Oracle 8 Tips
by Burleson Consulting
The Data Warehouse Development Life Cycle
Oracle Features for the Data Warehouse
Understanding Oracle indexes
* BLEVEL--This is the number of levels that the index has
spawned. Even for very large indexes, there should never be more
than four levels. Each BLEVEL represents an additional I/O that must
be performed against the index tree.
* LEAF_BLOCKS--This is a reference to the total number of
* DISTINCT_KEYS--This is a reference to the cardinality of
the index. If this value is less than 10, you may want to consider
redefining the index as a bitmapped index.
* AVG_DATA_BLOCKS_PER_KEY--This is a measure of the size of
the index and the cardinality of the index. A low cardinality index
(i.e., sex or region) will have high values, as will very large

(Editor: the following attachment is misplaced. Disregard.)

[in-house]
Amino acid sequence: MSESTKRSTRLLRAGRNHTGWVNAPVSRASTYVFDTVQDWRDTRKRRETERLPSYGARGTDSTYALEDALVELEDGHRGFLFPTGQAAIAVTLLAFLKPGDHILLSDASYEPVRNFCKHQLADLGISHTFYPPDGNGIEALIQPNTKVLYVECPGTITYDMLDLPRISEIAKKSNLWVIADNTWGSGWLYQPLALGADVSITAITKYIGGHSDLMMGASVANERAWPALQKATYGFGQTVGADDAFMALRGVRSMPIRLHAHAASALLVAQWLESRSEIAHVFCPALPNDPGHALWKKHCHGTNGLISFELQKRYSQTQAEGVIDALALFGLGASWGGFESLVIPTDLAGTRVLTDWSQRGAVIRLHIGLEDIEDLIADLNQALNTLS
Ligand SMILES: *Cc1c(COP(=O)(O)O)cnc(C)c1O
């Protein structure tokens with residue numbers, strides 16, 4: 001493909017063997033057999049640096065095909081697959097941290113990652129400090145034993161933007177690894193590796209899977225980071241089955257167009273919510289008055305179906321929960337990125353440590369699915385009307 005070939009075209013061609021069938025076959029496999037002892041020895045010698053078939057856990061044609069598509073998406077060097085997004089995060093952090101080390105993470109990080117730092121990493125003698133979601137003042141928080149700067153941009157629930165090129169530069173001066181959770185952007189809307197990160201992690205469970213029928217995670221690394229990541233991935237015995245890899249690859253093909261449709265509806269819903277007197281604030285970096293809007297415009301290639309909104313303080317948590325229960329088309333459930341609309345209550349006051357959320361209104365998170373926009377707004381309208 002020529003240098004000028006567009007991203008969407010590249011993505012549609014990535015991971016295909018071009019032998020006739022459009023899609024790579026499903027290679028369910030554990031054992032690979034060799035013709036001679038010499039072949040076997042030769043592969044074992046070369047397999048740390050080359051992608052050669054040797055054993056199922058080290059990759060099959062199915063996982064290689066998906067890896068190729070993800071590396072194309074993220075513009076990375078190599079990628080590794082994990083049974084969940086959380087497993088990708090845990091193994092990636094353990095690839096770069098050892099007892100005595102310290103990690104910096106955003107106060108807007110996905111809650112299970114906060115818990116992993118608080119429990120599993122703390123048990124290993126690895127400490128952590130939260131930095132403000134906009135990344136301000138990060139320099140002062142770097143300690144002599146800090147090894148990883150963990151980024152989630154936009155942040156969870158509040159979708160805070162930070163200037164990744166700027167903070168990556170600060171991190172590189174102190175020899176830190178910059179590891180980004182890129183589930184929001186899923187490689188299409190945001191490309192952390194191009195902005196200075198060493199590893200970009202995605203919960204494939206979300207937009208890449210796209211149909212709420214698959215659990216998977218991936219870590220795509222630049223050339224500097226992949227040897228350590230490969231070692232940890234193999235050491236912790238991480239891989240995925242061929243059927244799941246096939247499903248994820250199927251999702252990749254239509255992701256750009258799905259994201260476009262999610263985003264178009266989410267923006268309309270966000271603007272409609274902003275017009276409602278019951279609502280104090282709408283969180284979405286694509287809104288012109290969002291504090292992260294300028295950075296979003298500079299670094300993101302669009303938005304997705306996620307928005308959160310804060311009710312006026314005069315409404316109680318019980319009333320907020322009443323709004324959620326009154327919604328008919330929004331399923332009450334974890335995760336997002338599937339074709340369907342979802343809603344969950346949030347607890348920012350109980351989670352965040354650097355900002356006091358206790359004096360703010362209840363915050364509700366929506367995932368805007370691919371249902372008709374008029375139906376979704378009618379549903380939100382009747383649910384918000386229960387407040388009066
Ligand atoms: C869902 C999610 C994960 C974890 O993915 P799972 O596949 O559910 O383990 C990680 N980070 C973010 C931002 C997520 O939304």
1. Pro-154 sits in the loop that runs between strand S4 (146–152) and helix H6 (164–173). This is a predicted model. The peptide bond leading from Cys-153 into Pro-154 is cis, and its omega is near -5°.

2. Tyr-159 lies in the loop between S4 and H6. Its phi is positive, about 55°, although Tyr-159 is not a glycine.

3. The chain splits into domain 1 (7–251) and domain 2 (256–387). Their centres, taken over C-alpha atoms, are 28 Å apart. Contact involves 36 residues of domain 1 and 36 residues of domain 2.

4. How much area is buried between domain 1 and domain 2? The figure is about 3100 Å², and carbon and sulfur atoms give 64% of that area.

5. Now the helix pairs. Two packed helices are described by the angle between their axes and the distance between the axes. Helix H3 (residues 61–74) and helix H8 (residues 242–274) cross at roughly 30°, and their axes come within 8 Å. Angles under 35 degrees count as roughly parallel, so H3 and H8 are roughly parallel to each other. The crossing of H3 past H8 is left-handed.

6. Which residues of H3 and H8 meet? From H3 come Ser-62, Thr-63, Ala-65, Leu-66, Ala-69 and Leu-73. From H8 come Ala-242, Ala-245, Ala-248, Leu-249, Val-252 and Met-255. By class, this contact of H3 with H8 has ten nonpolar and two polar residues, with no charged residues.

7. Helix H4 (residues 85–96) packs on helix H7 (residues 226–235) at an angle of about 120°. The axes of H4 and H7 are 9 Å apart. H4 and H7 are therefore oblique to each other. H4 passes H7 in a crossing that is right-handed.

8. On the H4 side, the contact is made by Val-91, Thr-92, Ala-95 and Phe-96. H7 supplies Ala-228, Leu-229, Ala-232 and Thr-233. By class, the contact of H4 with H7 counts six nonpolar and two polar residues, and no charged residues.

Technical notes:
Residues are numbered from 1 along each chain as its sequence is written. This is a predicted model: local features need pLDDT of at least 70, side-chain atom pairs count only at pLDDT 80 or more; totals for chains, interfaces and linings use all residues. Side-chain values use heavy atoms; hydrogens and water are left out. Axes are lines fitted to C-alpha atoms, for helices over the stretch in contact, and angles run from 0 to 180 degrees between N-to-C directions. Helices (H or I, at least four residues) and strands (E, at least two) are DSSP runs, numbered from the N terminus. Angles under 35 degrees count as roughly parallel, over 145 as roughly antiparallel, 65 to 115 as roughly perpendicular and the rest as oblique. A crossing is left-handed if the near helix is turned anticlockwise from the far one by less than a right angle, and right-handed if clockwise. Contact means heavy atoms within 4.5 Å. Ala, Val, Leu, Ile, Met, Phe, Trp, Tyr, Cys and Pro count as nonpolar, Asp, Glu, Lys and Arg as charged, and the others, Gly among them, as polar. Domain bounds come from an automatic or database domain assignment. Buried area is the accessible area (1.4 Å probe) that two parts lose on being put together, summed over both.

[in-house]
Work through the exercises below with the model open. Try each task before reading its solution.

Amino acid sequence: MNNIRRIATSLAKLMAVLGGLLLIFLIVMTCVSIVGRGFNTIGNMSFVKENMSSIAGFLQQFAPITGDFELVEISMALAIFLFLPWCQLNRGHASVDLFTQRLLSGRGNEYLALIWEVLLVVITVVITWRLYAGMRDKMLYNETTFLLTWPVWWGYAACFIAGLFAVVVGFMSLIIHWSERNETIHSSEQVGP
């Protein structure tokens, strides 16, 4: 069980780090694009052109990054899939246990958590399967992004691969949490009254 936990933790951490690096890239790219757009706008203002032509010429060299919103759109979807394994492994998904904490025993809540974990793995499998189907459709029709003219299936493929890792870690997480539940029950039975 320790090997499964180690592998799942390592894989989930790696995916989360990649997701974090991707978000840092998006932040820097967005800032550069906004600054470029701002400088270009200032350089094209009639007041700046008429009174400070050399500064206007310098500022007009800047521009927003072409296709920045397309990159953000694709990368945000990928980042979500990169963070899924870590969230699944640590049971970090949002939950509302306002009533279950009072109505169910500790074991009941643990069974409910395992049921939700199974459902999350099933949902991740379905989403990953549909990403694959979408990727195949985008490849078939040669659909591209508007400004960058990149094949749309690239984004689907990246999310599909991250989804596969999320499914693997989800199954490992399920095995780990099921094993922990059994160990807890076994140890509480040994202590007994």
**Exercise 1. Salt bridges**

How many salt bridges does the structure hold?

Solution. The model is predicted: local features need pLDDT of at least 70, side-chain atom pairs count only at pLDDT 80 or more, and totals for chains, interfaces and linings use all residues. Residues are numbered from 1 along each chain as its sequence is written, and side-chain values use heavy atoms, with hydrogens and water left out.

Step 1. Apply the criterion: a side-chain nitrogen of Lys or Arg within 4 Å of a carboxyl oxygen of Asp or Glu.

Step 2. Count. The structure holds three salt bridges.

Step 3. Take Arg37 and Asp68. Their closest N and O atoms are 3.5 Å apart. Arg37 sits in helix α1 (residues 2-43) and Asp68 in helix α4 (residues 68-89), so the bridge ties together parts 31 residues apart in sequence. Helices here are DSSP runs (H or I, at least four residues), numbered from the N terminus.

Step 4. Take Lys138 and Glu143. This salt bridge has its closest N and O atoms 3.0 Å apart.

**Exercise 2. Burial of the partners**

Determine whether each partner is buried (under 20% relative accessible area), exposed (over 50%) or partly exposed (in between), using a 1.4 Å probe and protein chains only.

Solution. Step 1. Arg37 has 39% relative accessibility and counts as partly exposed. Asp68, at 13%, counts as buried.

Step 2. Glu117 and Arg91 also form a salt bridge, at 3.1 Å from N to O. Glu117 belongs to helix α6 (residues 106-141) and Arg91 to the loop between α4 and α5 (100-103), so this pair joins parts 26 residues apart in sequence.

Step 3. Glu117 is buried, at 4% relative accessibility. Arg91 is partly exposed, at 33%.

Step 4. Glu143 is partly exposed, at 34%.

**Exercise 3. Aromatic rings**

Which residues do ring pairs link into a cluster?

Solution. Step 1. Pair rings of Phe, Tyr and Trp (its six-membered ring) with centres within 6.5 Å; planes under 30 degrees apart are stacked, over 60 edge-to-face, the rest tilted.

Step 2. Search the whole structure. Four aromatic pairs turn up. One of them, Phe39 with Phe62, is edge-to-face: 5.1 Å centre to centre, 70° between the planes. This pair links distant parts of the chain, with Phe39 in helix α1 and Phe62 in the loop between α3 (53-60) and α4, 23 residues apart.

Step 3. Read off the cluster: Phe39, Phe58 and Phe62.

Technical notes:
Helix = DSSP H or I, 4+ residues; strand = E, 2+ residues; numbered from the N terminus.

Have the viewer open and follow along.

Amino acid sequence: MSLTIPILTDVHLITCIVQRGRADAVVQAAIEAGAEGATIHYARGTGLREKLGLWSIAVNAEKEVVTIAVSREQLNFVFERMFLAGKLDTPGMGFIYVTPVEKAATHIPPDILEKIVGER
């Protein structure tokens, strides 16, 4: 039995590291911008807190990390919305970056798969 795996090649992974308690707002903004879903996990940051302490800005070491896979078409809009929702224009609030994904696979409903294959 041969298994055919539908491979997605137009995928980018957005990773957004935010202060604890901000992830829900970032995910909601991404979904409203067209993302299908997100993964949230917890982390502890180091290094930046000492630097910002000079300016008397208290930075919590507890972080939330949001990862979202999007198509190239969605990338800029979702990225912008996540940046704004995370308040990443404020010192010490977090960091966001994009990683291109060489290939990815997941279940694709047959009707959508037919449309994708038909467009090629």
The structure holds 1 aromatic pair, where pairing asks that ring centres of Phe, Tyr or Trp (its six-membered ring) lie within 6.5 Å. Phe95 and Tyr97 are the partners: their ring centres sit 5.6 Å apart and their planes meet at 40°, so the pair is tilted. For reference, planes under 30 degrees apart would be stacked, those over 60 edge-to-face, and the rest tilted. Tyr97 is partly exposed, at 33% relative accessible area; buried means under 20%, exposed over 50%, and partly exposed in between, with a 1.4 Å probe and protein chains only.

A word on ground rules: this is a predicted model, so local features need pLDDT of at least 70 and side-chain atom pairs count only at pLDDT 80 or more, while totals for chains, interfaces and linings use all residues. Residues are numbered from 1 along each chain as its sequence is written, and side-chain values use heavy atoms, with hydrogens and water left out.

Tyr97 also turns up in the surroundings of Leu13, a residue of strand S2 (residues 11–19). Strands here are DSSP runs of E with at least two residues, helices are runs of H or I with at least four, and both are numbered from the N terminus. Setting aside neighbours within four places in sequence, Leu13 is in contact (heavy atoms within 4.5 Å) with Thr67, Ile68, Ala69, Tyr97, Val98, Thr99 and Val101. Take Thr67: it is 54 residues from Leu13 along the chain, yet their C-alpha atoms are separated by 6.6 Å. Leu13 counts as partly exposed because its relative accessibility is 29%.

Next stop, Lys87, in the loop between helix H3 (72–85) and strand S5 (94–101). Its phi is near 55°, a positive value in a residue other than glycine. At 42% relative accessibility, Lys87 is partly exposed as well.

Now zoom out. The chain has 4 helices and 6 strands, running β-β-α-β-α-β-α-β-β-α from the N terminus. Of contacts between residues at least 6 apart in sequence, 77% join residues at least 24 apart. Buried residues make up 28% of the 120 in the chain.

* CLUSTERING_FACTOR--This is the most important measure in
this report, since it measures how balanced the index is, relative
to the table. If the clustering factor is near the number of blocks
in the table, then the table is said to be clustered within the
index. This is good for data retrieval with the index, since there
will be less physical I/O. If the clustering factor approaches the
number of rows in the table, then the index is said to be random.
That is, the index keys are not in the same physical order as the
rows in the table. Of course, only one index on a table will have a
high clustering factor, since the rows can only be physically
ordered to match one index key value.
* AVG_LEAF_BLOCKS_PER_KEY--This is always one, with the
exception of non unique indexes.
These statistics give Oracle’s cost-based optimizer clues about
which indexes are best suited to servicing each query.